Tag Archives: fpp

Splendid Sampler 2: Adventure Abounds

splendid sampler 2 adventure aboundsToday I’m excited to reveal the block I designed for the Splendid Sampler 2 book: Adventure Abounds, found on page 122.  Those of you who know me are most likely not surprised by this block one bit! For those of you who are new, welcome! I’m Kitty Wilkin, aka Night Quilter, and I’m so glad you’re here! I am a full time mom of three kiddos in rural Maine, but I’m also a pattern designer (EPP, FPP, traditional piecing–I love it all!), quilt and product photographer, teacher, social media manager for the Quilter’s Planner, AND an avid fussy cutter, which I prefer to call meticulous cutting. I’m often inspired by the natural world around me, and when Pat and Jane asked me to design a block reflecting my best quilty life, I knew it had to include family adventures in nature tied together through the creation of a quilt. With strong influence from my Summer Adventure quilt pattern, this block has a bit of everything–sea, trees, and lots of love!

If you’re new to the Splendid Sampler books curated by Pat Sloan and Jane Davidson, find out more about the Splendid Sampler 2 book and sew along HERE.

splendid sampler 2 adventure aboundsToday I am going to share 3 tips for using fussy cutting in foundation paper pieced blocks, using my Adventure Abounds block from the Splendid Sampler 2 book. If you’re new to foundation paper piecing (FPP), read my beginner basics FPP tutorial HERE first to make sure you know all of the key components and basic tips. Then let’s dive in!

splendid sampler 2 adventure abounds fppThere are a few things you should remember before beginning FPP: First, the templates are a mirror image of the finished block, so when planning your fabric placement, visualize the right side of your fabric on the back of the template. Second, I highly recommend color coding your paper templates before starting so that you know exactly where each fabric should be. Third, don’t forget to use paper scissors to cut out and trim the templates! Your fabric scissors don’t want to go there!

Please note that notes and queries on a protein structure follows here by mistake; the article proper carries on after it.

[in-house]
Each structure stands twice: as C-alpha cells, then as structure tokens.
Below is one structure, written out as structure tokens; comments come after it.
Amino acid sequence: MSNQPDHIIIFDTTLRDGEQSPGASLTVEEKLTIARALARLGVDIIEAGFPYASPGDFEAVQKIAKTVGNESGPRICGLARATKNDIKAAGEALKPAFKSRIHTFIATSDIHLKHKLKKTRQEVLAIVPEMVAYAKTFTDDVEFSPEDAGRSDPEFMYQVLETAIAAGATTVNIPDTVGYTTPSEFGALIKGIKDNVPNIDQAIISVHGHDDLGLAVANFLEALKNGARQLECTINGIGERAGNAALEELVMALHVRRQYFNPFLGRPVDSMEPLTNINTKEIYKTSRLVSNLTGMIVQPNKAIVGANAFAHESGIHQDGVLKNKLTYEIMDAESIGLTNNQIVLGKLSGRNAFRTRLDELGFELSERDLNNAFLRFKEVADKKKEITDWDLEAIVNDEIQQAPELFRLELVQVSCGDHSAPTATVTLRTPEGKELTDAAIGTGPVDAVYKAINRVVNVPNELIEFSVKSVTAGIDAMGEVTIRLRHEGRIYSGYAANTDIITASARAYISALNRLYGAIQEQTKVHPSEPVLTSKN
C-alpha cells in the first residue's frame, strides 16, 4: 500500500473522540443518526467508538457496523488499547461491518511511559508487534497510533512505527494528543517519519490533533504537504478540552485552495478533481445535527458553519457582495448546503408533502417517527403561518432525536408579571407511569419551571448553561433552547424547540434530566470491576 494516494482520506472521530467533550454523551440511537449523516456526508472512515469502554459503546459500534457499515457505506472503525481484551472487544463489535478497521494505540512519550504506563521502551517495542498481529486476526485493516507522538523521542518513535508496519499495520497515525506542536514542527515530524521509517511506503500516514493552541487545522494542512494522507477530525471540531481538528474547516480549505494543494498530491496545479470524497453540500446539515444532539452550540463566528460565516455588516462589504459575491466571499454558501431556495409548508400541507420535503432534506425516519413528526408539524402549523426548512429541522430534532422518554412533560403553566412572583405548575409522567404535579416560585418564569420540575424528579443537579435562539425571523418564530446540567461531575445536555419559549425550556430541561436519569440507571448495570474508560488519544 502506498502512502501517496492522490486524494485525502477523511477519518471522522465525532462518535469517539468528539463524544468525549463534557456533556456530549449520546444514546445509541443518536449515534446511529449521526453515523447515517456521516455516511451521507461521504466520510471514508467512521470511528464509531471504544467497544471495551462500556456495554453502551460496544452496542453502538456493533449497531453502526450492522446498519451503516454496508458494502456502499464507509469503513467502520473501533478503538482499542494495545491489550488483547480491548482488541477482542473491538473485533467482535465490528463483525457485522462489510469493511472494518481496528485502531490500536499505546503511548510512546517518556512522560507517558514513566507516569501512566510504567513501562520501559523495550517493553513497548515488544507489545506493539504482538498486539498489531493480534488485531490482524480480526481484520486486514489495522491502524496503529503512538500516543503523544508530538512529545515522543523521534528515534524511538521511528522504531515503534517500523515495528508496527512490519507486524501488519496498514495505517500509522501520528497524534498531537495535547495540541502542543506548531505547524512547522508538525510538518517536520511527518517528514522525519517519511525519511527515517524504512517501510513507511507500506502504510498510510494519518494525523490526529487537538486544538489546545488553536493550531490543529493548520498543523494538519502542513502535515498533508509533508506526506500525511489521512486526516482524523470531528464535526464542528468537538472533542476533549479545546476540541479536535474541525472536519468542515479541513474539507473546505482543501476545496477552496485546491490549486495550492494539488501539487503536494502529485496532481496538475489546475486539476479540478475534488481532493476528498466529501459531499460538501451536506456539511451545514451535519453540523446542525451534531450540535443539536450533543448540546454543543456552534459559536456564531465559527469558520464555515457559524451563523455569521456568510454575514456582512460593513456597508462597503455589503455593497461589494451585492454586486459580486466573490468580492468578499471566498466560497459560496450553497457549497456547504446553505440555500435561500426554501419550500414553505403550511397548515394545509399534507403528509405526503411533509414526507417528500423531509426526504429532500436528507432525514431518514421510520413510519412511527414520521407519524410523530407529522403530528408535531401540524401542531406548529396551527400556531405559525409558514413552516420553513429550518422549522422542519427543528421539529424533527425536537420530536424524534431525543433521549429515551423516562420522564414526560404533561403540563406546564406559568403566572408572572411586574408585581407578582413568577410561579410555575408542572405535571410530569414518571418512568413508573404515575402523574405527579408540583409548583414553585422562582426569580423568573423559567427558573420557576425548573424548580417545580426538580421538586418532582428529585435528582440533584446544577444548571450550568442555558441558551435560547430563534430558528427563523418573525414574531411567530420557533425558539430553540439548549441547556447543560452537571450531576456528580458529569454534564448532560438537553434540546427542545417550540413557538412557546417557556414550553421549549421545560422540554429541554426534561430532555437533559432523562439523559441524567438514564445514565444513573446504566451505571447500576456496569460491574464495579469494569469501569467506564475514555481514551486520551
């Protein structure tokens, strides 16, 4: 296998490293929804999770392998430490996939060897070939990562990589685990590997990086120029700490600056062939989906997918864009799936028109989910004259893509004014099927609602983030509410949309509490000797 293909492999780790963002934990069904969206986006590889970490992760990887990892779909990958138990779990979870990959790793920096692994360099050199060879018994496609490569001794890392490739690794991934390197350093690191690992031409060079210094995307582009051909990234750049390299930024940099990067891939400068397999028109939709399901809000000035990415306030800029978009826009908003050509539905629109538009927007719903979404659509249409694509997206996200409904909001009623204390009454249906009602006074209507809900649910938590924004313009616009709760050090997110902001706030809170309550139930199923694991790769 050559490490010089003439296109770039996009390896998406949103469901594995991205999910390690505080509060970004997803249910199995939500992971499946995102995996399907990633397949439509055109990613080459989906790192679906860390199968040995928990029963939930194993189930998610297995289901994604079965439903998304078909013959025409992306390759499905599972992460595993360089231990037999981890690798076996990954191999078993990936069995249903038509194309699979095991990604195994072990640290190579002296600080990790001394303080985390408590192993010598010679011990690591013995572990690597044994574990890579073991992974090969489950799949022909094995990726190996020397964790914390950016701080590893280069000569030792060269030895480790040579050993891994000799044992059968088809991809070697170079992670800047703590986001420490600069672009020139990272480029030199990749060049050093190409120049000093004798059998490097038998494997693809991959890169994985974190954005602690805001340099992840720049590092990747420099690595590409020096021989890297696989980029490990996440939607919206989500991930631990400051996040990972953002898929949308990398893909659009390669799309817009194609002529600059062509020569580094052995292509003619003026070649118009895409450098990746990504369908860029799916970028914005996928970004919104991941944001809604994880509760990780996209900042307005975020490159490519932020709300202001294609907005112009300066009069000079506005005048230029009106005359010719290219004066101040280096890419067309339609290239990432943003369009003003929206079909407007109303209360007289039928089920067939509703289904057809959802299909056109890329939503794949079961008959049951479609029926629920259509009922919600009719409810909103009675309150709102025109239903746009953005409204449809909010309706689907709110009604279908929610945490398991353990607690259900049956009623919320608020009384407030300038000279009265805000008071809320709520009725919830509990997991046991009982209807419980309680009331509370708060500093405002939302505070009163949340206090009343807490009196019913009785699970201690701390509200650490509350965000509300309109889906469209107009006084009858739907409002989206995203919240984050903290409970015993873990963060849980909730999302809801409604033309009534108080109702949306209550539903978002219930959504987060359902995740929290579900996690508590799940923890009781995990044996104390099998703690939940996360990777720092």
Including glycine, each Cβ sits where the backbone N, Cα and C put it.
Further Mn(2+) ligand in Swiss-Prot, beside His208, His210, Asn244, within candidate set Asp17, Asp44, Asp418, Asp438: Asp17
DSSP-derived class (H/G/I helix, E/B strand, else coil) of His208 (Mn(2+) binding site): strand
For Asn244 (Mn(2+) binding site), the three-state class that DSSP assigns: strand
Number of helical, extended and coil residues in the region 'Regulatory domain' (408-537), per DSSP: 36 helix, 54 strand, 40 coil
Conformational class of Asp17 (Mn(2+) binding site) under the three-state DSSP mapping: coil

color code foundation paper piecingOnce your fabrics are selected, your templates are cut out along the 1/4″ seam allowance line and color coded, you’re ready to dive in. Here are three tips for using fussy cutting in FPP:

1. Place your fussy cut on piece 1

One of the easiest ways to use fussy cutting with FPP is to position your fussy cut fabric on the very first piece placed. With this method, simply hold your fabric up to a light source on the wrong side of the paper template, aligning the fabric motif you want to feature. Use a little dab of washable glue stick to hold it in place, and then continue piecing the rest of the block as you normally would. Your fussy cut can be perfectly positioned with very little effort. Depending on the block you’re creating, even this little use of fussy cutting can create quite an impact.

positioning fussy cut fppAs an example of this for my Adventure Abounds block, I decided to position a subtle bird in the sky above the ocean, and held it up to a window to make sure it was positioned exactly how I wanted it. With a white on white background for my blocks, this example is subtle, but sometimes those subtle details are my favorite!

2. Create templates

Another way to make fussy cutting a bit easier while foundation paper piecing is to create a template for the pieces you wish to meticulously cut. You can use template plastic for this, or can even repurpose clear plastic lids to food containers. You want to use something that you can see through or at least trace through using a light source.